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COUPLE SAYS ISRAELIS FEEL ISOLATED JEWISH COMMITTEE HEAD, HUSBAND REPORT ON TOUR

The talk in Israel is not centered on Iraq, but on the survival of Israel itself, according to a Williamsville couple who just returned.

Judith Katz, president of the Buffalo Chapter of the American Jewish Committee, and her husband, Dr. Leonard Katz, visited Israel on a fact-finding tour earlier this month.

"The gulf crisis has really threatened them," Katz said. "We learned that for this little country in the Middle East, survival is not assured."

The Katzes' first of five trips to Israel was on their honeymoon in 1958, and they have returned several times with their children. They noticed a different atmosphere on their latest visit, they said after they returned home Friday.

"We felt the most tension between the Arabs and Jews," Mrs. Katz said. "The mood is one of anxiety."

While Israelis are worried about Iraq's expansionism, they are more concerned with their day-to-day existence with their neighbors, Katz said.

The daily life has been one of strife. This week marks the third anniversary of the Palestinian uprising, the intifada.

"No one is sure how to solve it. This may be the most opportune time," he said.

American Jewish Committee members met with several government officials, among them Housing Minister Ariel Sharon, Labor Party opposition leader and former Prime Minister Shimon Peres, a Palestinian activist, an Arab member of the Knesset and a member of Peace Now. Leaders of the committee also met with Prime Minister Yitzhak Shamir.

"Being in Israel at this time was, for us, very emotional," Mrs. Katz said.

She said the high point was welcoming Russian Jews emigrating to Israel. The low point came in talking to a Palestinian, when he expressed his lack of hope and the futility of his situation.

Meeting 220 Russian emigrants on the tarmac at Ben-Gurion Airport at 1 o'clock one morning was the most exciting part of their trip, Mrs. Katz said.

The 120 American Jewish Committee members and others waved flags, and carried flowers and dreidels, a children's game often played during Hanukkah.

Many of the Jews from the Soviet Union have not been educated in their faith, the Katzes said. Most of those arriving in Israel did not know of Hanukkah, except one boy who said his grandfather had told him about the Jewish Feast of Lights.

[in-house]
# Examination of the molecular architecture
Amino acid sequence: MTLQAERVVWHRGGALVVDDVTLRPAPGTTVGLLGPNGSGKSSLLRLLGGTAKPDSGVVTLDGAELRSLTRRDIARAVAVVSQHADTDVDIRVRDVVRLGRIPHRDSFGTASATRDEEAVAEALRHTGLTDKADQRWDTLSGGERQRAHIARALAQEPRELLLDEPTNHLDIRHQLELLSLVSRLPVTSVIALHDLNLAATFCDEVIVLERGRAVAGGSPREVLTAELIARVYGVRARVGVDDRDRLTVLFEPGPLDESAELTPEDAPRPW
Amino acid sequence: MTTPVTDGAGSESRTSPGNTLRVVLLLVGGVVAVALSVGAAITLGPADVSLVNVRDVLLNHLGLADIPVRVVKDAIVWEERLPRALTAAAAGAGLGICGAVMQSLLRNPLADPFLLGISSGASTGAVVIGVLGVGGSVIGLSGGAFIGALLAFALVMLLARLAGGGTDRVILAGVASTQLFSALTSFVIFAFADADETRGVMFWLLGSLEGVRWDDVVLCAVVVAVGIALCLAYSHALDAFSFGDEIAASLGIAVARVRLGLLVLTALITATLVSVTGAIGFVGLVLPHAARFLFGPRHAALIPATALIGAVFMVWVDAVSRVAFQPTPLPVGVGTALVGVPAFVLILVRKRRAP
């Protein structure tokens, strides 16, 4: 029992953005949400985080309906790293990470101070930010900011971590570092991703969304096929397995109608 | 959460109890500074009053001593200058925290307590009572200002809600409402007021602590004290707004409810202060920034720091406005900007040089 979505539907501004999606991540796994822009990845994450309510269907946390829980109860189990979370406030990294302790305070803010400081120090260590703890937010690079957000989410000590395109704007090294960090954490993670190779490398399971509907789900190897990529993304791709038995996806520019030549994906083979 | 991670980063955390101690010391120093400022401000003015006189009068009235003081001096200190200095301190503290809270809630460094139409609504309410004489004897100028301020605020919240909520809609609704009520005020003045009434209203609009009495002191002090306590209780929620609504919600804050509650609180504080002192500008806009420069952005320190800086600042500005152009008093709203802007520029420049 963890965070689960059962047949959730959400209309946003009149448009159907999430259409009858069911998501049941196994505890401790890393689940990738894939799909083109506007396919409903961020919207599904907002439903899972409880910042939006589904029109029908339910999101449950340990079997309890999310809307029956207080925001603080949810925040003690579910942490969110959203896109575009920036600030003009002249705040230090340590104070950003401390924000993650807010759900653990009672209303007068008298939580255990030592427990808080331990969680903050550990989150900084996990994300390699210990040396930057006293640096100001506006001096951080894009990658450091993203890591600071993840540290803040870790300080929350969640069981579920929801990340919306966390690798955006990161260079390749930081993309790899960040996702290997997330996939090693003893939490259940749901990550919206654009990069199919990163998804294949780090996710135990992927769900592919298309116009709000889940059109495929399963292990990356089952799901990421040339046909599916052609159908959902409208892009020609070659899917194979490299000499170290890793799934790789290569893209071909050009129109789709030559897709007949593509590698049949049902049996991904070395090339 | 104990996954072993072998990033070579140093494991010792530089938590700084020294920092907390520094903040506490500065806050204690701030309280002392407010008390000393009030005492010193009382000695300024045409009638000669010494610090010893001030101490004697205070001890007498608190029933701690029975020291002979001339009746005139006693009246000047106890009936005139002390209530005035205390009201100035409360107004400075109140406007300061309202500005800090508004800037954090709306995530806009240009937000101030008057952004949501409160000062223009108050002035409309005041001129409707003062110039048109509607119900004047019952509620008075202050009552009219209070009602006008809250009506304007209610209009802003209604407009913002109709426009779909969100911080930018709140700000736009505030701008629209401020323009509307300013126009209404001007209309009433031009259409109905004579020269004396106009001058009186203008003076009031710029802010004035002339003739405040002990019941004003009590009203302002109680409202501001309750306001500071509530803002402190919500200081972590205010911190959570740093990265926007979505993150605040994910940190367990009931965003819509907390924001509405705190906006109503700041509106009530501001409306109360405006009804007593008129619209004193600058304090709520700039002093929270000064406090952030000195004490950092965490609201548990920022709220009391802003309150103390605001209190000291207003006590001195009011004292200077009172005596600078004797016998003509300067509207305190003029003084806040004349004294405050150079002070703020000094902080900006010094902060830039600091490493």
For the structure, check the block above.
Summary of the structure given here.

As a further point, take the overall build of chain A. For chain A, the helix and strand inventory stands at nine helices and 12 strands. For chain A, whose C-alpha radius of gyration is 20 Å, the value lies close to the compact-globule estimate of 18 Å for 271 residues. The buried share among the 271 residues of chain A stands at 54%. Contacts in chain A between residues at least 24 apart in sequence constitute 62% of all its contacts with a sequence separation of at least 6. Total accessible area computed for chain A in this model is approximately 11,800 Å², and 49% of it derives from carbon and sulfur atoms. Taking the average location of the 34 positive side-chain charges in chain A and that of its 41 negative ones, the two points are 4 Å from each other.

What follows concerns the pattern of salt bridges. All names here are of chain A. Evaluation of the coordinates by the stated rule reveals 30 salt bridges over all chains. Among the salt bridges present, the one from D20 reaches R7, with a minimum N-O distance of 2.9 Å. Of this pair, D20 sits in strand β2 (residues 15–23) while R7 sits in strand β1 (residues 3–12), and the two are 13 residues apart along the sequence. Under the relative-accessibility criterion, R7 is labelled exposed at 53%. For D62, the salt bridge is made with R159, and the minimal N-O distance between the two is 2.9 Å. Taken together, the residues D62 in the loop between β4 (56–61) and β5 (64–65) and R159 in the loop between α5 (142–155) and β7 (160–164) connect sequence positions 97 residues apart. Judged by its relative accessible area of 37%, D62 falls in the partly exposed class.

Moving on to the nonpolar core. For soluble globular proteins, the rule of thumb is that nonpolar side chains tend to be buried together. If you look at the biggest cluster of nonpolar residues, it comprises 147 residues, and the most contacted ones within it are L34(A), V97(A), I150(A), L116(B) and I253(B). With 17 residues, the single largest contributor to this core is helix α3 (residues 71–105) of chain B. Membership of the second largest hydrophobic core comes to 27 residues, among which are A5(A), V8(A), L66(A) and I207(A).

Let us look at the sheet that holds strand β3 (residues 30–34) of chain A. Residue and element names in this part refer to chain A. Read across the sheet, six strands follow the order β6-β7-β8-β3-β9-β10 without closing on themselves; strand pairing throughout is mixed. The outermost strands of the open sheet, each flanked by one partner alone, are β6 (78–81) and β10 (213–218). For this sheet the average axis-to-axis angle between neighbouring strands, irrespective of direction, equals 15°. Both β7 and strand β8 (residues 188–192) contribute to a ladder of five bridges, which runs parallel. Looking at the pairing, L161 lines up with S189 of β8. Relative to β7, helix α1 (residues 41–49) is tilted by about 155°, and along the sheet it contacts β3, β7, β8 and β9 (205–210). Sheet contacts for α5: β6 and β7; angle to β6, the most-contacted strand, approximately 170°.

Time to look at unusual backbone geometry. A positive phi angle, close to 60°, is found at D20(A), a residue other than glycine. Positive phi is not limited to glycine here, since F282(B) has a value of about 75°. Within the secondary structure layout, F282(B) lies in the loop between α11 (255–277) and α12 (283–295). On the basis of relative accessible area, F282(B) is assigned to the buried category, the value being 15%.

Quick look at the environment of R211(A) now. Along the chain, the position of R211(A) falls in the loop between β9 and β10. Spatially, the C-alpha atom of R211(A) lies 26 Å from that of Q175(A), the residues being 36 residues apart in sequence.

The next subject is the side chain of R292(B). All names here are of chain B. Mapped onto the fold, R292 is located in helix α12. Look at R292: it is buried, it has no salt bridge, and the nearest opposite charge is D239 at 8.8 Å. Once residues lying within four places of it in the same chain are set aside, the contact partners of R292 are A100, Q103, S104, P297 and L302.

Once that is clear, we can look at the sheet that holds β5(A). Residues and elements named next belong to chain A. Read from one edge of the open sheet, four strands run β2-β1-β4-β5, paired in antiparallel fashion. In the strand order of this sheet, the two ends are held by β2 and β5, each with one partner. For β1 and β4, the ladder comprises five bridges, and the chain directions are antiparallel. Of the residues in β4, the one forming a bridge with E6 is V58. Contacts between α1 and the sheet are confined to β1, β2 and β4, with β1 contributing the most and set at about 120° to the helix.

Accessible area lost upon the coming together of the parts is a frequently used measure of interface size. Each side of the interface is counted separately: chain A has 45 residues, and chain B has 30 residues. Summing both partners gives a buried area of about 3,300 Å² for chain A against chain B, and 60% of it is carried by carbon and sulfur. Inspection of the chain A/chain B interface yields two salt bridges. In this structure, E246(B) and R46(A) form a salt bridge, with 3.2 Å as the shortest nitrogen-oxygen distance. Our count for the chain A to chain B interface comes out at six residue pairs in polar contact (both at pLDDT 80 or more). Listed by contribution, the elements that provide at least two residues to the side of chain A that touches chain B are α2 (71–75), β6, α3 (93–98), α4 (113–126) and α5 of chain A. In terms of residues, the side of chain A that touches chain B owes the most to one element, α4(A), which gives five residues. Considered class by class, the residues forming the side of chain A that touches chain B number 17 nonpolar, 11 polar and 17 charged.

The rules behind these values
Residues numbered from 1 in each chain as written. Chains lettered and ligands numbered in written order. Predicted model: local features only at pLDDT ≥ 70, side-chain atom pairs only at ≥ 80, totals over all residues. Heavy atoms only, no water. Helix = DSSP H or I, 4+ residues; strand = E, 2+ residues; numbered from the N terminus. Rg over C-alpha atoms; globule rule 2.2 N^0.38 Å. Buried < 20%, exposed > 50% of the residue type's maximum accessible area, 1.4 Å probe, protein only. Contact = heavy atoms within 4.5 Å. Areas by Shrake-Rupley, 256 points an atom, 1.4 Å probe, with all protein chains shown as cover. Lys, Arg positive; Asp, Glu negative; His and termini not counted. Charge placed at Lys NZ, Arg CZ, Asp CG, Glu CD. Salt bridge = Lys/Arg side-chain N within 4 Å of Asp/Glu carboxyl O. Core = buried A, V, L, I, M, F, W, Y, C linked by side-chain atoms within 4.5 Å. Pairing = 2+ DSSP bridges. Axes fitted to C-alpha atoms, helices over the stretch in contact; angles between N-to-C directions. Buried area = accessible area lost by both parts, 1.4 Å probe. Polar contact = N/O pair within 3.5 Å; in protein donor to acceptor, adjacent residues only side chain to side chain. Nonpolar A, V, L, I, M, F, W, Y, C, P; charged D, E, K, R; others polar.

The Katzes also visited Russian emigrants who had been in Israel five months.

"They all seem very happy," Mrs. Katz said. "They wanted to know why we did not move to Israel."

The Russian Jews told them they moved to Israel because of anti-Semitism in the Soviet Union. The emigrants they met were a small number of the expected million Russian Jews migrating to Israel. Thirty thousand arrived last month, Katz said.

"Here's the hope for the future," Mrs. Katz said.

Israelis look to the Russian Jews to stabilize their population and to expand the economic base. There also has been an unprecedented outpouring of aid from Israelis anxious to welcome the Russians to their country, Katz said.

The American group also was welcomed by almost everyone they met. Katz said not many groups are touring Israel now because of the unsteadiness of the gulf situation, but their group had no concerns about their personal safety.

"We felt so good about making a statement and being in Israel," Katz said. "We felt very welcomed and appreciated. . . . They feel very isolated and anxious."

The Katzes will discuss their trip to Jerusalem and Tel Aviv at 8 p.m. Wednesday and during the Saturday morning service at Temple Shaarey Zedek on Dec. 22.

"The gulf crisis has really threatened them. We learned that for this little country in the Middle East, survival is not assured."
Dr. Leonard Katz

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